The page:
Nat Gould

His life and books

A Stable Mystery: and Other Stories

This book was first published in 1921 by John Long after the author's death, and was reprinted in 1935 and 1956.

A Stable Mystery is the first and longest story in the book. Just before a great race the favourite is mysteriously poisoned, and the unexpected winner causes villanous plans laid in the owner's English village to go awry. More poisonings occur, but the puzzle is eventually solved by a determined detective, leading to a satisfactory resolution and a plethora of notable racing wins. A satisfying story, ably told.

The "Other Stories" are His Last Chance and Chased by Fire, two short tales printed at the end of the book, the first having only three chapters and an epilogue, and the second just three short parts.

His Last Chance tells how the only son of an aristocratic Derbyshire family falls in love with a grocer's daughter. Deep in debt, his only chance of rescuing his fortune and winning his bride is to win the Derby. Although easy to read, none of its characters is attractive. The aristocrat is a wastrel gambler, his family are snobs, and the grocer a despised hypocrit. The minor characters are sundry villains. If Nat Gould had been a different sort of novelist, the reader might have thought the story would develop into tragedy or satire. Instead the short tale is summarily wound up in an epilogue that stretches the reader's credulity.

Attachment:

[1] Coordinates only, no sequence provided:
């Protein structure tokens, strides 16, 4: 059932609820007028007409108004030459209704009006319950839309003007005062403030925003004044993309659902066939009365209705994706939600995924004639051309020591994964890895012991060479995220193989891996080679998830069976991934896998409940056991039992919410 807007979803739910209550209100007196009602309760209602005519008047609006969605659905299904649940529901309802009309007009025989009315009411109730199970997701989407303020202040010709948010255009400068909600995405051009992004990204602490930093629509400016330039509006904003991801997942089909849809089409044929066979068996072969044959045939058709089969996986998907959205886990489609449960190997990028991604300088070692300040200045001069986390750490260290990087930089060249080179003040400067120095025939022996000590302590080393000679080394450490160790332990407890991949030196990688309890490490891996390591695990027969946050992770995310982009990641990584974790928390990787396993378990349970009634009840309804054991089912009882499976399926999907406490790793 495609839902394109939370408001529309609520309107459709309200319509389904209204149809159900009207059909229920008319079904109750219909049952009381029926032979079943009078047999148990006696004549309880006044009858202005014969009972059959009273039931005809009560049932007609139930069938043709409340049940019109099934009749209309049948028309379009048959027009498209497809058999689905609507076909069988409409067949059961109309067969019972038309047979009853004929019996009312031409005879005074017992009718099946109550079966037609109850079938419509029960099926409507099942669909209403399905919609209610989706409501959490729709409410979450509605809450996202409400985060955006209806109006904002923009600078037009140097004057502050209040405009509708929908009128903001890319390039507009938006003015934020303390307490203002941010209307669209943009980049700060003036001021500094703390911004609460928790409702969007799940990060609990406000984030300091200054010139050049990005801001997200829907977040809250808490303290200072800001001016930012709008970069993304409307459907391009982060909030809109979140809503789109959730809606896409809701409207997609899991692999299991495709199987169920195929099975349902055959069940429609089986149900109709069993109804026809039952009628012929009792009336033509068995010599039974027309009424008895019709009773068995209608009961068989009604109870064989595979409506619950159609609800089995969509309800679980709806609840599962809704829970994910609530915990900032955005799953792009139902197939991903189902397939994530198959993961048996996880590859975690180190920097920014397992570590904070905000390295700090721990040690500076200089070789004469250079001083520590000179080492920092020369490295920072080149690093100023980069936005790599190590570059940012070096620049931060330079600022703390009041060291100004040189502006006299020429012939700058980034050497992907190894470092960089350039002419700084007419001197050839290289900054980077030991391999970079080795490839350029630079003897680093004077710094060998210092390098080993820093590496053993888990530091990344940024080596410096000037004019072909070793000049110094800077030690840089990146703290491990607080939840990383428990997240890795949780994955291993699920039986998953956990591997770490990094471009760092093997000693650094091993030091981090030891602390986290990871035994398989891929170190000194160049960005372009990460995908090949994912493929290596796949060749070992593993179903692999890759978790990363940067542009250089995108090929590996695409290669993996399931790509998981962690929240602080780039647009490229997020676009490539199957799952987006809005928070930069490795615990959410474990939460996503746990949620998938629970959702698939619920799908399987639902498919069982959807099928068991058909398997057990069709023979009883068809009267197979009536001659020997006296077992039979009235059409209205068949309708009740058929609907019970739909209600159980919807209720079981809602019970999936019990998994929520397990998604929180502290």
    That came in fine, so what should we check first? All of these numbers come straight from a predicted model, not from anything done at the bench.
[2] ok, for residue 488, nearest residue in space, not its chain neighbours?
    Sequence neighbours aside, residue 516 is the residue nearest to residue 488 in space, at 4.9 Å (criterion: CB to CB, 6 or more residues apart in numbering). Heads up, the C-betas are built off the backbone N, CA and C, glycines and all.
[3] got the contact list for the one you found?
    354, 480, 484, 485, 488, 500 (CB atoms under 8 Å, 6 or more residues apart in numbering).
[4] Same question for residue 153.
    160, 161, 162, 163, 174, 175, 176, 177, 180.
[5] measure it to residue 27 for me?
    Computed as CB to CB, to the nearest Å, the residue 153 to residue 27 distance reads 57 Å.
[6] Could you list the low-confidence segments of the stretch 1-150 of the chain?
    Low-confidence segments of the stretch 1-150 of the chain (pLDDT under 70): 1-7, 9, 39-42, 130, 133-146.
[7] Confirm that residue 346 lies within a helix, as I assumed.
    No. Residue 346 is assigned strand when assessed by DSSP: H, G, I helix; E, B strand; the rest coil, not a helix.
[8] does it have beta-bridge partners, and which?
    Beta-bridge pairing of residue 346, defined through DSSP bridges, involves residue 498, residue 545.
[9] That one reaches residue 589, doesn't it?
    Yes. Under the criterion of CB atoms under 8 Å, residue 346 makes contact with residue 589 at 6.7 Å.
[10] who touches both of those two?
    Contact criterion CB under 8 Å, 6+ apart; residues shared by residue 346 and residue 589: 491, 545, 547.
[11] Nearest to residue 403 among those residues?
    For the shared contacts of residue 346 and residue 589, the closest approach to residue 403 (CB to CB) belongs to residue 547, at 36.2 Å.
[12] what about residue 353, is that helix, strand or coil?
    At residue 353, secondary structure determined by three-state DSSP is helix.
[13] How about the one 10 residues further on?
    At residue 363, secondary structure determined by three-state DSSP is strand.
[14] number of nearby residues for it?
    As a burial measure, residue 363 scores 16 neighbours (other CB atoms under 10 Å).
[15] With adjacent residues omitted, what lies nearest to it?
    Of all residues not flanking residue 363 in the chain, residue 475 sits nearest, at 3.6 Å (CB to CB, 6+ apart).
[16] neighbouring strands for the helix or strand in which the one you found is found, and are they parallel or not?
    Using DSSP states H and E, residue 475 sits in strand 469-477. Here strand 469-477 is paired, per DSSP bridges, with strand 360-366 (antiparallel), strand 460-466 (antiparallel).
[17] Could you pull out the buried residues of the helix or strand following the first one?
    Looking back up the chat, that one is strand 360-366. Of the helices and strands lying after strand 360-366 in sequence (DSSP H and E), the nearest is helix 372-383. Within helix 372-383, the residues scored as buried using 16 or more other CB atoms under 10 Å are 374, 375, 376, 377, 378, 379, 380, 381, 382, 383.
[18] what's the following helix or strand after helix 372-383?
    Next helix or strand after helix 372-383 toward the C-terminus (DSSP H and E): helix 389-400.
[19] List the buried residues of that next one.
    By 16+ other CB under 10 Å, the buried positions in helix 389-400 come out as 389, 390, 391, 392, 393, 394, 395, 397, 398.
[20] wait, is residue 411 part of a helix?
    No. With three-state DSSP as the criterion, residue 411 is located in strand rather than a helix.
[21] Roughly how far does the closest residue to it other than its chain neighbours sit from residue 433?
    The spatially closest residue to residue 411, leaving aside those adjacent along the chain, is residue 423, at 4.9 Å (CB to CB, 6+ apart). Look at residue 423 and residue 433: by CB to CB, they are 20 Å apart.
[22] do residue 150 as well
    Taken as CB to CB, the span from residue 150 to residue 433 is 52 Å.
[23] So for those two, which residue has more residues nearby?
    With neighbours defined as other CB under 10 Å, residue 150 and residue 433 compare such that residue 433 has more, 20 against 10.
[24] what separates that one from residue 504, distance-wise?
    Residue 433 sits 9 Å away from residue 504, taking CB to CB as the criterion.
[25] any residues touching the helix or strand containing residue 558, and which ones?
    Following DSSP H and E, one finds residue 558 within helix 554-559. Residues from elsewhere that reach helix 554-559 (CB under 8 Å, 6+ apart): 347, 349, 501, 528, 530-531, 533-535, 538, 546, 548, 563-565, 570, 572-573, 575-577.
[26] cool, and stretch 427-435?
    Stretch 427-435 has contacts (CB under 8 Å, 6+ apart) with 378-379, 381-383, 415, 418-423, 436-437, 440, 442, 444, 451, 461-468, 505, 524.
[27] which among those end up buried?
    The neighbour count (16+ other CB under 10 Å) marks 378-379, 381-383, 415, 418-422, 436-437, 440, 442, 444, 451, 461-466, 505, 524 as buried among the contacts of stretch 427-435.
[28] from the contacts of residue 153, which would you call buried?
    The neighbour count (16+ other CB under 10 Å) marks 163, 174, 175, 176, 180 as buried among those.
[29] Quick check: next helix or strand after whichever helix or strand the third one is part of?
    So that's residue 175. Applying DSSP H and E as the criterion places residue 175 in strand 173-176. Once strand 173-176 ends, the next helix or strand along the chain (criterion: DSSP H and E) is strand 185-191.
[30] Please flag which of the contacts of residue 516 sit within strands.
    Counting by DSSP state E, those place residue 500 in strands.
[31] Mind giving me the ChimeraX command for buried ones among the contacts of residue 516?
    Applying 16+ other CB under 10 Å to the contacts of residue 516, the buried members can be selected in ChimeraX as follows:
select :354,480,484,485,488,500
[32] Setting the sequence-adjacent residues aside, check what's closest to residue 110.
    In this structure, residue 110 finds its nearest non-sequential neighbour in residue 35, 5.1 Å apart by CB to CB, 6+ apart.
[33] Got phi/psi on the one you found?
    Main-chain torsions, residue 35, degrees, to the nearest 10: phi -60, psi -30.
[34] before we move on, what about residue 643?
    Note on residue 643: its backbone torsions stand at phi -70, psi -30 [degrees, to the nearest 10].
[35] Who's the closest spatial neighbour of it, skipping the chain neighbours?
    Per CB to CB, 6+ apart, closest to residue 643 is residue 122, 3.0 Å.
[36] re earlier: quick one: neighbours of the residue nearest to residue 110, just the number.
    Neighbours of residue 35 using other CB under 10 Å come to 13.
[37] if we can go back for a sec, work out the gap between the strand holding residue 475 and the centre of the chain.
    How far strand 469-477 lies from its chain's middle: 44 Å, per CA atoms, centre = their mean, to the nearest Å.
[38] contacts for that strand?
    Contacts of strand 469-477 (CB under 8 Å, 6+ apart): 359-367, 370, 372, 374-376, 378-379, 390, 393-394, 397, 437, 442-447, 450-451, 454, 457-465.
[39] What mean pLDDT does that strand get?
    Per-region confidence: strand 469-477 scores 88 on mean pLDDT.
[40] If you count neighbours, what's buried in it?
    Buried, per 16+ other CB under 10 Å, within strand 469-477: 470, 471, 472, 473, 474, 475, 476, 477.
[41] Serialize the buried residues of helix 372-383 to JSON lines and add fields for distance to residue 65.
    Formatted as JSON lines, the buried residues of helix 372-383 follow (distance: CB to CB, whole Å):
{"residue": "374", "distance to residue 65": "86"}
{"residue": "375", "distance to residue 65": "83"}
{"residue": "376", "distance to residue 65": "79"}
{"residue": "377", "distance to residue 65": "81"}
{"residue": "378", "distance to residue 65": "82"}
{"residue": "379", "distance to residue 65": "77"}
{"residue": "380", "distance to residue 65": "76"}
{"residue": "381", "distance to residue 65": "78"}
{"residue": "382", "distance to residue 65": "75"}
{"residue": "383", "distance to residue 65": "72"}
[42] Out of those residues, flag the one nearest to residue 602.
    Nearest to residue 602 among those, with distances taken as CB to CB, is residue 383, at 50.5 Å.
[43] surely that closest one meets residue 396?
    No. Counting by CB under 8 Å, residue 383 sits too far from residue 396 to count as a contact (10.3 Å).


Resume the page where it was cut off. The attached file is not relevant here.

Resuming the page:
The last of the three stories in the book is a complete contrast. Chased by Fire is a little gem. A story that grips the reader from its outset in a lonely Australian bush pub. The mail coach races desperately ahead of advancing fire and storm. The drama of the elements is matched by the inner turmoil of a rider who has lost his bride. A perfect short story. What a pity Nat Gould didn't write more! (TA)